(a)  On or   (2)  before June 30, 1999, the State Department of Education shall develop prekindergarten learning development guidelines. The development of these guidelines shall be funded from funds appropriated for this purpose in the Budget Act of 1998. The guidelines shall focus on preparing four- and five-year-old children for kindergarten. The guidelines shall  The guidelines developed under this section shall  identify appropriate developmental milestones for each age, how to assess where children are in relation to the milestones, and suggested methods for achieving the milestones. In addition, the guidelines shall identify any basic beginning skills needed to prepare children for kindergarten or first grade, and methods for teaching these basic skills. The guidelines shall be articulated with the academic content and performance standards adopted by the State Board of Education  state board  for kindergarten and grades 1 to 12, inclusive. The State Department of Education  department  may contract with an appropriate public or private agency to develop the guidelines.
(b) In future expenditure plans for quality improvement activities, the State Department of Education  department  shall include funding for periodically updating the guidelines consistent with academic and performance standards and relevant research, broadly distributing the guidelines, and providing education, outreach, and training services to implement the guidelines.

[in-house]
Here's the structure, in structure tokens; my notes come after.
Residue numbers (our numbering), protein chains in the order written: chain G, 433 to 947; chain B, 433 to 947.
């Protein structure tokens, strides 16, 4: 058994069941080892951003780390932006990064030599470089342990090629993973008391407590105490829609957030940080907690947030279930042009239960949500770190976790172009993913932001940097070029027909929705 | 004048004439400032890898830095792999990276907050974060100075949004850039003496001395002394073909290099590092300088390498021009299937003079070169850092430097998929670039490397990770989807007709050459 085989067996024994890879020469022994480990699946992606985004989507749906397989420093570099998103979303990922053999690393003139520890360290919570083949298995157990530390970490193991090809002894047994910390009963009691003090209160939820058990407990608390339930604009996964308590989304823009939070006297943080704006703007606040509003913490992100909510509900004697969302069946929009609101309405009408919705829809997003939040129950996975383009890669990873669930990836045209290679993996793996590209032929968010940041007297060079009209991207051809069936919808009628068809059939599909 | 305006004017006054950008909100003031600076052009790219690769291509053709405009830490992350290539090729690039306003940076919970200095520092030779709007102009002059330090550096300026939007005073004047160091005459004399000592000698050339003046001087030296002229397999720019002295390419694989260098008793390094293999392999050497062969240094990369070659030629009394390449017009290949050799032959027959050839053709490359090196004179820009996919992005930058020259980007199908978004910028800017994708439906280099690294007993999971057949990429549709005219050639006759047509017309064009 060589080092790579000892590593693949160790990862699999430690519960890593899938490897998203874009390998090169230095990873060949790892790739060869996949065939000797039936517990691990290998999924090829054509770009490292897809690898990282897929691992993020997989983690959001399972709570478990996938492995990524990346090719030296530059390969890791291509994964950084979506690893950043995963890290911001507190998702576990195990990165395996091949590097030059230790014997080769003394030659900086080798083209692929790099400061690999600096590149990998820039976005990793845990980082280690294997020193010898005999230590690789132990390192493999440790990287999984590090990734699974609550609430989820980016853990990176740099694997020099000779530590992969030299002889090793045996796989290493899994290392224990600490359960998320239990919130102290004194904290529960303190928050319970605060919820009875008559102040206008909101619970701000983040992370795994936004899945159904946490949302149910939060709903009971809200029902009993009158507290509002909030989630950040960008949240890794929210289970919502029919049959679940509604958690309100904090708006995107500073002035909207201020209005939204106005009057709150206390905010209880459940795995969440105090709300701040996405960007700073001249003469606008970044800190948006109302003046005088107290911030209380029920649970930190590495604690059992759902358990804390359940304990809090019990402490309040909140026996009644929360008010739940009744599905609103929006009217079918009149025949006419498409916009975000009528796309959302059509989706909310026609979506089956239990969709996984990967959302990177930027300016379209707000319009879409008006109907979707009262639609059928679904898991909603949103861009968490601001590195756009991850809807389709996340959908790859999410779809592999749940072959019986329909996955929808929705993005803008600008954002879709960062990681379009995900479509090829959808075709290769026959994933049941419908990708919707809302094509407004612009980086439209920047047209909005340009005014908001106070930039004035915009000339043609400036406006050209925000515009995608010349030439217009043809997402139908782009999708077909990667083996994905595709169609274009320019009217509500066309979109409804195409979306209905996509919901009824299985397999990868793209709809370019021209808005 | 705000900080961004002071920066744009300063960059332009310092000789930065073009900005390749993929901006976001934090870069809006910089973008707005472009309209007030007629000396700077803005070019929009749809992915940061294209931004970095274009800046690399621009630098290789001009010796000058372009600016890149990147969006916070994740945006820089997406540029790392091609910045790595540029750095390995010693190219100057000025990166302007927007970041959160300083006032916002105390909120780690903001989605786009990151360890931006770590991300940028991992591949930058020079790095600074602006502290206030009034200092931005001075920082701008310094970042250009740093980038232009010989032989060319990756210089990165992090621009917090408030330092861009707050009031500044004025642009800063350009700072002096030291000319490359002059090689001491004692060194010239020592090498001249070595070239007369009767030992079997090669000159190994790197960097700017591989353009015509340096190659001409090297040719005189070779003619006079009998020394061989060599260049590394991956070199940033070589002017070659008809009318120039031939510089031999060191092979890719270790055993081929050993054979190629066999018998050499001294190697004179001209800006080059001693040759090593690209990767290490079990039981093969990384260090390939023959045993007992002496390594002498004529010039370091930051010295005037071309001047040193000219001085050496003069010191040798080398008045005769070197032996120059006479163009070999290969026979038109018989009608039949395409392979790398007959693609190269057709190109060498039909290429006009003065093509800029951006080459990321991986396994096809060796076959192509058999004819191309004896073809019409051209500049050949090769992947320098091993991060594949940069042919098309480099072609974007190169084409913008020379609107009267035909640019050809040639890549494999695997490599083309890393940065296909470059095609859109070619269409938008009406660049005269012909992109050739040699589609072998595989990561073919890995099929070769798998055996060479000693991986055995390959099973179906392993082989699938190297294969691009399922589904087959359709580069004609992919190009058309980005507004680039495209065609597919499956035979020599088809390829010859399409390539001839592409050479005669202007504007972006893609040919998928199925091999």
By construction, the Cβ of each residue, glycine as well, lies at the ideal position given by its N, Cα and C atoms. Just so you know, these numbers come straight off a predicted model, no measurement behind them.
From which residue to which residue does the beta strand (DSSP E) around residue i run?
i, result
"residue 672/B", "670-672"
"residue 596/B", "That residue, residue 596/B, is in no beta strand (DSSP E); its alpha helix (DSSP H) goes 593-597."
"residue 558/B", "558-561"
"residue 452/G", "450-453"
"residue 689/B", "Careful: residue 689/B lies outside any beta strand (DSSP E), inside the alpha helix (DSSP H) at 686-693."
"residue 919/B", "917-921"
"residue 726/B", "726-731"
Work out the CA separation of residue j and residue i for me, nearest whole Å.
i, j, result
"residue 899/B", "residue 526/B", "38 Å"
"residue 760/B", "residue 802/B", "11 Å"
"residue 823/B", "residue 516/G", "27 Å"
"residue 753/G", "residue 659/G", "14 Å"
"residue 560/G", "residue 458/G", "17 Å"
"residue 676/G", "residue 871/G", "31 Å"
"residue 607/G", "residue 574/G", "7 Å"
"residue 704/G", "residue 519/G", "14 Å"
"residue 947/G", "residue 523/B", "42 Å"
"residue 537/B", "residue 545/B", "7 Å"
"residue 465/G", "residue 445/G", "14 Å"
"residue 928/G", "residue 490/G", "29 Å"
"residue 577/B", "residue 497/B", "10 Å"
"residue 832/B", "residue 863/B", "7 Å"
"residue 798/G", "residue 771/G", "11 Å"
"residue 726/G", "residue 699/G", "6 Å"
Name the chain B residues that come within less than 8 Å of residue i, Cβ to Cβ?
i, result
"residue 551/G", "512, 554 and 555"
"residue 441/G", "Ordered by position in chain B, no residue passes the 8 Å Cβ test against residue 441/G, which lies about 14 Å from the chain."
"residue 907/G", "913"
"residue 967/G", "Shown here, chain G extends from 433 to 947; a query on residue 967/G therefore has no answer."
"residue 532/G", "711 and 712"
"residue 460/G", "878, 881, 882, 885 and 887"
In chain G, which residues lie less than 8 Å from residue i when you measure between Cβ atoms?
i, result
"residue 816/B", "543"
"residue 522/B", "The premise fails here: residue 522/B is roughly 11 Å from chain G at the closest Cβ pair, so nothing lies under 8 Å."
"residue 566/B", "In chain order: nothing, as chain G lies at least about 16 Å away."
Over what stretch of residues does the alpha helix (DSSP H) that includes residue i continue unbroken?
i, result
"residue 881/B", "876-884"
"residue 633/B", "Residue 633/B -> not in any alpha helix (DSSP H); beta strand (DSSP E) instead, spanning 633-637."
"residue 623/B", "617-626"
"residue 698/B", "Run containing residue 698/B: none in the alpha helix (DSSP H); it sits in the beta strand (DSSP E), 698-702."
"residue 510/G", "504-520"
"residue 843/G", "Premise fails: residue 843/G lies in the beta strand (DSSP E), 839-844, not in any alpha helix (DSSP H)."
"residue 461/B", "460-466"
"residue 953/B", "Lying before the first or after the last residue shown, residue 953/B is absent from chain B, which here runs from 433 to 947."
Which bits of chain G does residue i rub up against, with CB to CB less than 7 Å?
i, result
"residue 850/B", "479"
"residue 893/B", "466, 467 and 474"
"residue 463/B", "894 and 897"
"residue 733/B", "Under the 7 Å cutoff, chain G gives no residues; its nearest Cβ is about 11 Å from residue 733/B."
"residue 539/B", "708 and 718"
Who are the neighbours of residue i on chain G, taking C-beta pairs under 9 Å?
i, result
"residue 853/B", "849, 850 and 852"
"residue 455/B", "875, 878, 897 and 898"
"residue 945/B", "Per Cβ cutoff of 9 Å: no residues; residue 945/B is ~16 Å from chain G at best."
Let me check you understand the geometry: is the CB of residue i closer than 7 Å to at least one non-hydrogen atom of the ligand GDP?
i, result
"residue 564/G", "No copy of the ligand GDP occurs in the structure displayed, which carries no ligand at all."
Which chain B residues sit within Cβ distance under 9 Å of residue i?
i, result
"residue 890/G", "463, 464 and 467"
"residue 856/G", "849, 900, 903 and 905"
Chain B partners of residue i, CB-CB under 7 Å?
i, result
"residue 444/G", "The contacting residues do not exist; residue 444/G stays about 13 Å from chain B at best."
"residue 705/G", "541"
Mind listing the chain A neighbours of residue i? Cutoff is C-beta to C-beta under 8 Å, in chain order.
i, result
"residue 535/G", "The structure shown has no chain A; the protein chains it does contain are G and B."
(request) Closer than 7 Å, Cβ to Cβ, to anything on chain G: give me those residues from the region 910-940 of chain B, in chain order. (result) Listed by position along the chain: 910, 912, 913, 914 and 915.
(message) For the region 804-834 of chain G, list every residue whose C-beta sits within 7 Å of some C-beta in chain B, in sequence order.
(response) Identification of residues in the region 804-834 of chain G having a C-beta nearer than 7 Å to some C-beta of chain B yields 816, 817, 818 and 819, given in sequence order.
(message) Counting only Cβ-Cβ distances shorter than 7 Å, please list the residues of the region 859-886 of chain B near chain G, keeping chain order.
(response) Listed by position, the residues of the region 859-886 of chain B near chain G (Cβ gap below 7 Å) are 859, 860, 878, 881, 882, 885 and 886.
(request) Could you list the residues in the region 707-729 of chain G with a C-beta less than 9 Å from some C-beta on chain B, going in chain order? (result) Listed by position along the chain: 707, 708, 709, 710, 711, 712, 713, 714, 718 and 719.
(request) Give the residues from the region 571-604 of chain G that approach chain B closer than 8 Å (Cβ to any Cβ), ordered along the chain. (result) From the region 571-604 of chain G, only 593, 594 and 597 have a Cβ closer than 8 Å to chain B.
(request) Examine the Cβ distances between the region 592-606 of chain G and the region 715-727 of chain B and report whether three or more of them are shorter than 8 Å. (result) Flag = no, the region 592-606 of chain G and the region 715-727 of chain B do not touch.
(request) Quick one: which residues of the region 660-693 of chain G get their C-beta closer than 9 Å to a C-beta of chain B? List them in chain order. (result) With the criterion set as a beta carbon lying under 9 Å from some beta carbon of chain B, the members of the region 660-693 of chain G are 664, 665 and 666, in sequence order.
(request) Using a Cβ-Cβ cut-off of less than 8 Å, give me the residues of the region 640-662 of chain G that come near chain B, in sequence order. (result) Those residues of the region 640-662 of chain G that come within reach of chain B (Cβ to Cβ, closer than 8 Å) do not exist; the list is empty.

(c) Programs funded by the State Department of Education  department  under Article 6 (commencing with Section 8230), Article 7 (commencing with Section 8235), and Article 8 (commencing with Section 8240) shall use the prekindergarten learning development guidelines developed pursuant to this section.

SEC. 3.

 Section 8203.7 is added to the Education Code, to read:

 (a) On or before March 1, 2017, the department shall convene the California Committee for Kindergarten Readiness stakeholder group to evaluate and develop recommendations on what constitutes kindergarten readiness. On or before January 1, 2018, the committee shall submit to the state board and the appropriate policy committees of the Legislature a kindergarten readiness definition that has clear benchmarks for skills that are predictive of later success in academics and social-emotional and executive functioning skills as evidenced by current research. The department may contract with an appropriate public or private agency for purposes of developing a kindergarten readiness definition.
(b) The California Committee for Kindergarten Readiness shall be composed of the following 10 members:
(1) The president of the state board, or his or her designee.
(2) The chair of the California Children and Families Commission, or his or her designee.
(3) The Superintendent, or his or her designee.
(4) The chair of the State Advisory Council on Early Learning and Care, or his or her designee.
(5) An expert on early childhood brain development.
(6) An expert on kindergarten readiness standards.
(7) A preschool teacher.
(8) An expert on dual language learners.
(9) An expert on family engagement and support.
(10) A kindergarten teacher.
(c) The members specified in paragraphs (1) to (3), inclusive, of subdivision (b) shall be cochairs of the committee.
(d) This section is repealed on January 1, 2019.